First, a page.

Signup date: 03 Jun 2006 at 5:50pm
Last login: 22 Dec 2016 at 8:41am
Post count: 3392
I love Wally's answers! I have very straight teeth as a result of 5 years of orthodontic treatment - BUT tea and coffee whilst thesis writing and working have stained them a little. Def. a appointment with a Harley Street Dental Hygenist would be a first spend with a lottery win ;)
Small purchases in my post-phd penury would be some new clothes, a bicycle, and perhaps a holiday. And a new mobile phone since I dropped it into water today and it is now only 1/2 working.
Lottery blow-outs would be a nice Georgian town house in London and a small pied-à-terre in some choice European captials. (got to have a property portfolio) ;)
Largesse to friends and family (nobody wants to seem a scrooge!)
Worthy causes (I may be a millionaire but I'm keeping it real): money to various education charities/trusts. some for support groups/awareness of male anorexia, and money for animal advocacy.
Ancient languages sounds amazing - and I think it is so cool you took a module in Akkadian! :) That will really help an application - just go for it! Good luck!
I get strangely happy when I find out people learn ancient or languages with few speakers :) I thought I was pushing it learning languages spoken by 9 million / and 400,000!!
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Congratulations and good luck!! I completed mine 2 months ago and it still feels weird to haver done it. Life will never feel normal again but I am so so glad to not be working in the thesis again.
I find work better than the thesis because the job is task based as opposed to endless work on one thing. I am busy writing a paper and a book proposal for the thesis. There are things to do. Since finishing I have regained the many lbs I lost in the trauma of the 3rd and 4th years - so I am thesis free and look and fell better than I have in ages.
Good luck writing up - let us know how it goes!
4matt. Great to hear you are learning Swedish!
May I recommend www.svt.se for webstreamed swedish television shows (you can watch whole shows). I like watching the nature show " Mitt i naturen" online.
This is a great dictionary too: http://lexin.nada.kth.se/sve-eng.html
Also listening to music will help, you should check out the band Kent, many of their songs are in Swedish too.
I would definately think about the possibility of spending time abroad and doing a PhD which crosses language/cultures in its scope. This will leave you very employable and competitive.
My PhD in history was on a British topic but I wrote part of it in Germany at an institute there and used some German sec lit. The doctoral students I met there were highly competitive as even if their topic was on Germany they were citing Anglophone and Francophone material if needed. Those students who had pan-European topics were in a great place.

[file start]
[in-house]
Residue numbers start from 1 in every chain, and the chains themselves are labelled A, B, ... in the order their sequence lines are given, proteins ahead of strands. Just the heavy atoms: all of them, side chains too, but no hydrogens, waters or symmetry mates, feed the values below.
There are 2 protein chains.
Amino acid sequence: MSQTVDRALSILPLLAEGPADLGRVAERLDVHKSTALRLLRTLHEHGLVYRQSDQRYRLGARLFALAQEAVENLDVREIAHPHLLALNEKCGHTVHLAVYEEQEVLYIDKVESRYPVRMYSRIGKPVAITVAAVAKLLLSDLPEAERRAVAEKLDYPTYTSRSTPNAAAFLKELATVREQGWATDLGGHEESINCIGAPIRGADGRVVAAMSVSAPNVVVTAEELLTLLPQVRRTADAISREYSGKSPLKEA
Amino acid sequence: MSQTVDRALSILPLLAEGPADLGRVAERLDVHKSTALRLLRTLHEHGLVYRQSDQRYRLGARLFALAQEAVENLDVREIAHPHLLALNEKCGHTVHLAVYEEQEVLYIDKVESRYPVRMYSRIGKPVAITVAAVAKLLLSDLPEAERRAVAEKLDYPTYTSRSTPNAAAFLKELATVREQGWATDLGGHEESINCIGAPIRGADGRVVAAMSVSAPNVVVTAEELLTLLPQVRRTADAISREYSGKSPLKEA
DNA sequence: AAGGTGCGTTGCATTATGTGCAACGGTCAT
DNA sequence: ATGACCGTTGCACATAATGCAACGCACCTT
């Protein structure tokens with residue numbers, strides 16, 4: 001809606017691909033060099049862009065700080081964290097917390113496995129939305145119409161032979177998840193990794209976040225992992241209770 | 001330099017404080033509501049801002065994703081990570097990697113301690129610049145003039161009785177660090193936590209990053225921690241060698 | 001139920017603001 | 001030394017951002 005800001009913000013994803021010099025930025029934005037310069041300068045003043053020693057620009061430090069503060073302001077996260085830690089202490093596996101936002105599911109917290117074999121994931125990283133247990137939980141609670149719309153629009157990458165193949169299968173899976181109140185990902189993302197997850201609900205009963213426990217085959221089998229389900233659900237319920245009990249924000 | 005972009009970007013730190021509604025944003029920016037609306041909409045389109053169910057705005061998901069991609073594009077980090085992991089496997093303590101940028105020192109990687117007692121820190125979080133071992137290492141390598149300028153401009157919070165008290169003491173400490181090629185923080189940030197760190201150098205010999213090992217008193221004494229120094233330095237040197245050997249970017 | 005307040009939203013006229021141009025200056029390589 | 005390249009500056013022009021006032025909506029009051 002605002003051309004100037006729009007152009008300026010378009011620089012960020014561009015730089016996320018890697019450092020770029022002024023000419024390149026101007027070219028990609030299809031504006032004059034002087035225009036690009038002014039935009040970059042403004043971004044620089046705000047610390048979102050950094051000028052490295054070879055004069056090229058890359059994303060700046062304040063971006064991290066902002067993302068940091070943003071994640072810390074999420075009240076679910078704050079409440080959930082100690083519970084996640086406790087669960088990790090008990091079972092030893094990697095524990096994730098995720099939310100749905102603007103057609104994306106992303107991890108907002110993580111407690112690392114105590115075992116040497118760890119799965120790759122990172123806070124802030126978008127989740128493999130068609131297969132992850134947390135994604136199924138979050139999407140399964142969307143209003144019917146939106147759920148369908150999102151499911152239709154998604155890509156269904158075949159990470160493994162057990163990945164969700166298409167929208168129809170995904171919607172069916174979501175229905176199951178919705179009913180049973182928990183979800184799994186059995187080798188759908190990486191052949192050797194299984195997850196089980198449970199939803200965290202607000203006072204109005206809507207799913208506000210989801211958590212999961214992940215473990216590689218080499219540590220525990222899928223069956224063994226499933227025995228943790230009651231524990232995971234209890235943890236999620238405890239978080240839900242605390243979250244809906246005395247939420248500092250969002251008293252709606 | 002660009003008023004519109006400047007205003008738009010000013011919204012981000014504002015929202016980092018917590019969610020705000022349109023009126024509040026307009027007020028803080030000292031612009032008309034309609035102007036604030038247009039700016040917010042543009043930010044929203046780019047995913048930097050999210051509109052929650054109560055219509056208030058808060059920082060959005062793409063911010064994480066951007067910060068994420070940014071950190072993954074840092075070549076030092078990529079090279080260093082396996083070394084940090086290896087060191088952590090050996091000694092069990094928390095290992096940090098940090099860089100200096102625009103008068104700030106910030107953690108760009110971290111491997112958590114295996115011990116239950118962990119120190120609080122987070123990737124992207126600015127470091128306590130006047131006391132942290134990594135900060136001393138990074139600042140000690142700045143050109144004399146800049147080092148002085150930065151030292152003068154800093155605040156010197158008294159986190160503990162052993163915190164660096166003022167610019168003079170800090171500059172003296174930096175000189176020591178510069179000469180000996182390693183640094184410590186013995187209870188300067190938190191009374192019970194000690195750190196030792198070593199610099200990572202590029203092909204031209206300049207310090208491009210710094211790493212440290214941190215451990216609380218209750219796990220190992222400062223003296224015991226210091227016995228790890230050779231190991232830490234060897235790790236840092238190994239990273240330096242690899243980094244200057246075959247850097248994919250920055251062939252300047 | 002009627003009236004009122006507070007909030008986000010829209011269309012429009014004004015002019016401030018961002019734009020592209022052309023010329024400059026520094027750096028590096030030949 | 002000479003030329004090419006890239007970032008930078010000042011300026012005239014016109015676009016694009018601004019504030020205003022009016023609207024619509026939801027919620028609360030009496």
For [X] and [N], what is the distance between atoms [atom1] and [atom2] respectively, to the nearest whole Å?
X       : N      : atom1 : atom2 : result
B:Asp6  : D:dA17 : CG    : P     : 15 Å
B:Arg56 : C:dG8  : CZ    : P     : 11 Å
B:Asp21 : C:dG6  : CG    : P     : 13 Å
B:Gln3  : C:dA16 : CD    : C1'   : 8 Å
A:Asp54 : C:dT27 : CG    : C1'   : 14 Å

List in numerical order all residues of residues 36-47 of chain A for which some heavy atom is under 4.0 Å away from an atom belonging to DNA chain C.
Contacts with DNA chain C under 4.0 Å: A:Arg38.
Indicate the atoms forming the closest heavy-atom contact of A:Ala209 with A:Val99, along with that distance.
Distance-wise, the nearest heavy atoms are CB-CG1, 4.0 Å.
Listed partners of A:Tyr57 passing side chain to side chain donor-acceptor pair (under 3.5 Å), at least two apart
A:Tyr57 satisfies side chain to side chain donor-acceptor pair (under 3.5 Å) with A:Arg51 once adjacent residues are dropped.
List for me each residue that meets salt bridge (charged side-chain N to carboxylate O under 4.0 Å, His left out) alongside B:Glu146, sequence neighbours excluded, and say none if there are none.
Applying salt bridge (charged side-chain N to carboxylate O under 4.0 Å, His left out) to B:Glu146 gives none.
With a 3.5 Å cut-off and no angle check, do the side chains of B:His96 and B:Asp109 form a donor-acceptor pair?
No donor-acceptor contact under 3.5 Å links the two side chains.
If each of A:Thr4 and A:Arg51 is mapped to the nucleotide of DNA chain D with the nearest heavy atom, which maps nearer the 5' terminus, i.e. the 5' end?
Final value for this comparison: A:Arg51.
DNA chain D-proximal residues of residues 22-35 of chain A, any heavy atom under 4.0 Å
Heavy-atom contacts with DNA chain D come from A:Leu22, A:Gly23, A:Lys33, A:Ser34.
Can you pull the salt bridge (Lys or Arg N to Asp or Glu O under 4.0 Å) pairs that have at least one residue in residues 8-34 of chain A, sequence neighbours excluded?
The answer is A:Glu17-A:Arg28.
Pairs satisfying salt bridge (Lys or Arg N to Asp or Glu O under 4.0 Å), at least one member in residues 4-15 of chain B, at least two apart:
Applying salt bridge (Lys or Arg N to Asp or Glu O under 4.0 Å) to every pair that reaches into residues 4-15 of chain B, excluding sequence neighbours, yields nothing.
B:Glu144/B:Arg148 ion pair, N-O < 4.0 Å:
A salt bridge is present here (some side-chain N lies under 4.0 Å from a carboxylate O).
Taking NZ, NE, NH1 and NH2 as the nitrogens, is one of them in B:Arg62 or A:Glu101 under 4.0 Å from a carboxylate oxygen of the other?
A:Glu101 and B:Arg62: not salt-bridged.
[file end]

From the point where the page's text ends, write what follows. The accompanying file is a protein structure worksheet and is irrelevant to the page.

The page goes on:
Looking at the postdocs that are coming up in history is useful. Several I have seen at present are in Italy or Germany and are on pan-European topics requiring a reading/passive knowledge of 2 languages plus English. I applied for a history postdoc 4 months ago that required Swedish --- so people are really looking for PhDs with language skills.
So your supervisor is doing you a BIG favour by telling you this now. Using other languages in your thesis and papers not only makies them my thorough and credible but also more employable. Remember that US and other European PhD students are normally formidably equipped with other languages. I did my PhD in 18th century British history, and I am now realising how much I will need to improve my German and French to stand a chance of getting a postdoc in history.
Oh yes, and somebody below posted about archival work in other languages - they are right - it takes ages - and German old printed books from the 18th and 19th century make my eyes bleed!!!
Best of luck. I think it would be an exciting PhD to move abroad for a year and you could explore being hosted at another institution for that time. Your partner might well enjoy living there for a while. I have two friends out in Berlin who both love living there. One is doing a PhD and his girlfriend learnt German too and got a job.
Well, congratulations. These "mistakes" are minor and can be corrected in fuiture work. You have a merit, you clearly research well, and your scientific methodology was good. All this points to a promising PhD candidate.
And, to be blunt, if you are having doubts over a few missed incomplete references - wait until during the PhD when your supervisors rip your work to piecces wholesale as part of the learning process! So, enjoy having passed with a merit and look forward to the PhD! :)
Sorry to hear about everything you have gone through.
The MPhil is a advanced degree that requires many of the skills that a PhD does, however the PhD is a different and more advanced degree.
An MPhil does not have to be a consolation prize at all. It can be a degree taken in its own right. In my own field in the humanities many of the older more senior academics took MPhils in the 60s and 70s and were able to hold university seats with this degree. However, this would not be possible today.
A friend of mine in medical physics left her PhD halfway through due to departmental politics and was awarded a MPhil. She works in management now and her new employer in pharmaceuticals values her MPhil as evidence of her academic achievement.
So the MPhil does not need to be a consolation prize but for a career in academia a PhD is required.
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